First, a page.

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# Bayesian Meta-analysis - how to calculate a standard error of effect size?

edited February 2021

To run a bayesian meta-analysis in JASP, I need two inputs: Effect size & SE of effect size.

I calculated both, however I want to make sure I properly calculated the SE of effect size. Does anyone have a reference I can consult that highlights how to do this?

Thanks!

• How you calculate SE depends on your effect size measure (Cohen's d, log odds ratio, etc). For any particular measure of interest, I believe the Wiki entry generally shows how to compute the SE.

E.J.

• Im using cohen's d but i couldnt find it on the wiki entryđź¤”

• I do see it mentioned in https://en.wikipedia.org/wiki/Effect_size#Cohen's_d

You take the (pooled) SD and divide by sqrt(n) (or a pooled version in case of the unpaired, unequal N case)

E.J.

• Ah I see it, thanks.

But this begs the question, which formula is correct to calculate a standard error of the effect size since there are many of them?

(1) SD(pooled) / sqrt(n)

or one of these:

https://stats.stackexchange.com/questions/495015/what-is-the-formula-for-the-standard-error-of-cohens-d

• edited February 2021

Hi Kindred,

From the code from the two-sample t-tests in JASP, I see the following:

```    num <-  (ns[1] - 1) * sds[1]^2 + (ns[2] - 1) * sds[2]^2
sdPooled <- sqrt(num / (ns[1] + ns[2] - 2))
if (test == "Welch")  # Use different SE when using Welch T test!
sdPooled <- sqrt(((sds[1]^2) + (sds[2]^2)) / 2)

if (optionsList\$wantsEffect) {

if (options\$effectSizesType == "cohensD")

d <- as.numeric((ms[1] - ms[2]) / sdPooled)

else if (options\$effectSizesType == "glassD")

d <- as.numeric((ms[1] - ms[2]) / sds[2])

else if (options\$effectSizesType == "hedgesG") {
a <- sum(ns) - 2
logCorrection <- lgamma(a / 2) - (log(sqrt(a / 2)) + lgamma((a - 1) / 2))
d <- as.numeric((ms[1] - ms[2]) / sdPooled) * exp(logCorrection) # less biased / corrected version
}
}
```

Here you can see how the pooled sd is calculated by default (first 2 lines), and how the pooled sd changes if different types of t-test is used (e.g., Welch), or how d is standardized if other effect sizes are requested.

ns refers to the sample sizes of the two groups (so is a vector of length 2), and sds refers to the standard deviations of the two groups (also vector of length 2).

So, the default pooled sd that we use for Cohe's d, for the two-sample t-test with equal variances assumed, is this formula. I hope this helps, please let me know if anything is still unclear!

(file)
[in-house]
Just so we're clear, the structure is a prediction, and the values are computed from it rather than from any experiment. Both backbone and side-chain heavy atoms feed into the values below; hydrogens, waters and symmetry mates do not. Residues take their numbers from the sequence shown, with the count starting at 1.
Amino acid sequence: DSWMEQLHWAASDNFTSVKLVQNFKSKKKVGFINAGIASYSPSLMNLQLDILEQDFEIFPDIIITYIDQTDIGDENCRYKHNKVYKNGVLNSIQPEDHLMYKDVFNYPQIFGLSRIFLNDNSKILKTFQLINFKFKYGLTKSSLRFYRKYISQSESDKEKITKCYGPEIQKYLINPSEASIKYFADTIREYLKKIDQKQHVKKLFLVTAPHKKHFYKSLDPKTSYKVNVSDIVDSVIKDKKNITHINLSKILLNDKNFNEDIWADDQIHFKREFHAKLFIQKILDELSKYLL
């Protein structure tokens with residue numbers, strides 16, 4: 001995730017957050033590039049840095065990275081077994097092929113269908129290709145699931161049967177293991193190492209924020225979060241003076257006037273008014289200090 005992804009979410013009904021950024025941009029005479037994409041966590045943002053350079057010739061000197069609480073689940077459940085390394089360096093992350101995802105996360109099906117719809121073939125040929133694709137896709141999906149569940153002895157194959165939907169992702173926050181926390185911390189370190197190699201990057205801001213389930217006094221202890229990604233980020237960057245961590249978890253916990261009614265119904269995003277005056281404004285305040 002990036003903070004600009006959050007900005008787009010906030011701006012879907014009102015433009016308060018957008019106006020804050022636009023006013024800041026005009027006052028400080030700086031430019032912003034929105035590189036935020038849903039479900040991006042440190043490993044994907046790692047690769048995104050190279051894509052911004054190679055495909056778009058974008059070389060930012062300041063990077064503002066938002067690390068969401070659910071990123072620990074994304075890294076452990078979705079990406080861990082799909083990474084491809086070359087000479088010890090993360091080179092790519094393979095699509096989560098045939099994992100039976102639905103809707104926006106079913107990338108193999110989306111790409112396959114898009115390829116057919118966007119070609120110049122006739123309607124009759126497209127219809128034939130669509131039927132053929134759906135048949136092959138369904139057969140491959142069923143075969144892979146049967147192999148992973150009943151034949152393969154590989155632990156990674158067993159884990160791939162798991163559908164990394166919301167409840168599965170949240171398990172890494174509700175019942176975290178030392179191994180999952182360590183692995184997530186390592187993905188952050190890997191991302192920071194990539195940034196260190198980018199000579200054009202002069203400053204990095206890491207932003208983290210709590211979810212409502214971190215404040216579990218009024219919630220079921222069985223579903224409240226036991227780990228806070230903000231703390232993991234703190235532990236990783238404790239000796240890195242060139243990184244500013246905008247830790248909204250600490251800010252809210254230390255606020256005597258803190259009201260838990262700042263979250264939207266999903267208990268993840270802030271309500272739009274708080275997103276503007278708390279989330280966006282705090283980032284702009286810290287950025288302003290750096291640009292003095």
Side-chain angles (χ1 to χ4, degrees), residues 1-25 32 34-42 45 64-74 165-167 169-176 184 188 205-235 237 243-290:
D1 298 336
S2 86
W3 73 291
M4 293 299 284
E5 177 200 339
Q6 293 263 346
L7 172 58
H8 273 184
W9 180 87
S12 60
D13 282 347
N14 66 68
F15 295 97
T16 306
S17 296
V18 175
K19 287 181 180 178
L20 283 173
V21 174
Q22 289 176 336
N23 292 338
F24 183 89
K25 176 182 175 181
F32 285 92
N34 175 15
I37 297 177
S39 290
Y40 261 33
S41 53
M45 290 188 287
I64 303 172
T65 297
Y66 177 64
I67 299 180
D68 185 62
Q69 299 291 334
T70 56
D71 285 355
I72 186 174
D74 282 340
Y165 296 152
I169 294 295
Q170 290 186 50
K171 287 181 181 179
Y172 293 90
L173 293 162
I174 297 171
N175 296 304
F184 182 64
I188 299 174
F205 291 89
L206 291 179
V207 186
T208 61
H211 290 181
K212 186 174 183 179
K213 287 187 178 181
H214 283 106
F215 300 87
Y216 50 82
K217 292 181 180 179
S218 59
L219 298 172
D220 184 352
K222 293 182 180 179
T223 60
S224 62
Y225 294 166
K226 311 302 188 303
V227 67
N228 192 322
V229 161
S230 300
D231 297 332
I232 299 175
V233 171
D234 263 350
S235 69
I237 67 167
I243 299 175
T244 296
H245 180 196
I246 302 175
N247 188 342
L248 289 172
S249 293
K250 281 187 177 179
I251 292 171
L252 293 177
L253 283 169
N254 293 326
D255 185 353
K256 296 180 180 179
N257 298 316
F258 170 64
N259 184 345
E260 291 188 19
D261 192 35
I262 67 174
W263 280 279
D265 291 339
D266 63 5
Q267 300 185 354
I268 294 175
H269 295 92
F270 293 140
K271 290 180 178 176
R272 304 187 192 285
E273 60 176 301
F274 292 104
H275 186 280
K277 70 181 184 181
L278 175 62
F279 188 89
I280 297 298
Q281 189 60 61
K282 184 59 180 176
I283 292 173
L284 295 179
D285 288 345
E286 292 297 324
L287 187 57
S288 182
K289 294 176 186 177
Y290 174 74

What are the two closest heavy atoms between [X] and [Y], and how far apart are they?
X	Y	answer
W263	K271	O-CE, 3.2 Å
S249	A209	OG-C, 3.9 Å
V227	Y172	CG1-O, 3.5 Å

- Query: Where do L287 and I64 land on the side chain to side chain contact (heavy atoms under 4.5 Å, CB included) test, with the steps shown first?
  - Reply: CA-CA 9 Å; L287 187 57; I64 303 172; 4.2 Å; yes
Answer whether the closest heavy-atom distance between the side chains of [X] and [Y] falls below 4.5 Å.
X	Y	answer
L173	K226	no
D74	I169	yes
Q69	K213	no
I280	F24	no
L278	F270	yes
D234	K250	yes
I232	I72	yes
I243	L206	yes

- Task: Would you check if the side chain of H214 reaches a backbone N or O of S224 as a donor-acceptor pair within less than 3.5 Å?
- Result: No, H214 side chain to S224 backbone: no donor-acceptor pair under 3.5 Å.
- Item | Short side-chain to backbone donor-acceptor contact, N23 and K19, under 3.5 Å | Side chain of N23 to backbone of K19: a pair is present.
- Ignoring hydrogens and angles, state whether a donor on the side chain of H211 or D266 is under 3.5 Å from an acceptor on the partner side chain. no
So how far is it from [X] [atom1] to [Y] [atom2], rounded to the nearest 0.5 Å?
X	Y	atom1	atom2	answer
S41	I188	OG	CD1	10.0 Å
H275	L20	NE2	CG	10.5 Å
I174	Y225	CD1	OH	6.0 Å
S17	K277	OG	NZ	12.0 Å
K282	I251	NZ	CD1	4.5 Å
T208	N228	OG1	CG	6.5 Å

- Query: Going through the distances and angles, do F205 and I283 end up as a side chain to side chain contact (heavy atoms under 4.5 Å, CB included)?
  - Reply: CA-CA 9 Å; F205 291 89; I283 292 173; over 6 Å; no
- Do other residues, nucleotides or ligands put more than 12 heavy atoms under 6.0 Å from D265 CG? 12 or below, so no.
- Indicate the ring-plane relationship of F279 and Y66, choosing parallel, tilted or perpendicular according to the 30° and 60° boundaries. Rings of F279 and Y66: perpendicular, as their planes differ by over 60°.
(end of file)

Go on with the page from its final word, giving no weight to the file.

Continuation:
Kind regards

Johnny

• Hello

Wow thank you so much! So from what I see, the method I used to calculate the effect sizes and SD(pooled) adheres to your code.

The only thing Im still unsure about is the Standard Error of effect size calculation used. In the RoBMA (Amazing module btw you all did an incredible job), the input is ES & SE of ES. Some of the studies Im using have an equal N between the control group and the mild traumatic brain injury (mTBI) group, while others dont.

I ended up using this formula, from Hedge & Olkin, 2014

When using the Wikipedia calculation, given by EJ, I'm getting huge variations in the standard errors being calculated. Im not sure which equation to go with. Or should I be using the wikipedia version if groups have unequal sample sizes and the Hedge & Olkin formula if they do?

Cheers

• Hi Kindred,

happy to hear that you like the RoBMA module.

Regarding the standard errors for Cohen's, there are, unfortunately, many inconsistencies between different packages and I think that there is no consensus about the best approach. The most important thing is to report which formula did you use. I would not recommend mixing the Wikipedia and Hedge & Olkin's formula within a single analysis - it would make the analysis inconsistent. Personally, I would use Hedge & Olkin's version, but you can also try using the Wikipedia version for sensitivity analysis.

Cheers,

Frantisek

• Great thank you so much for the info everyone!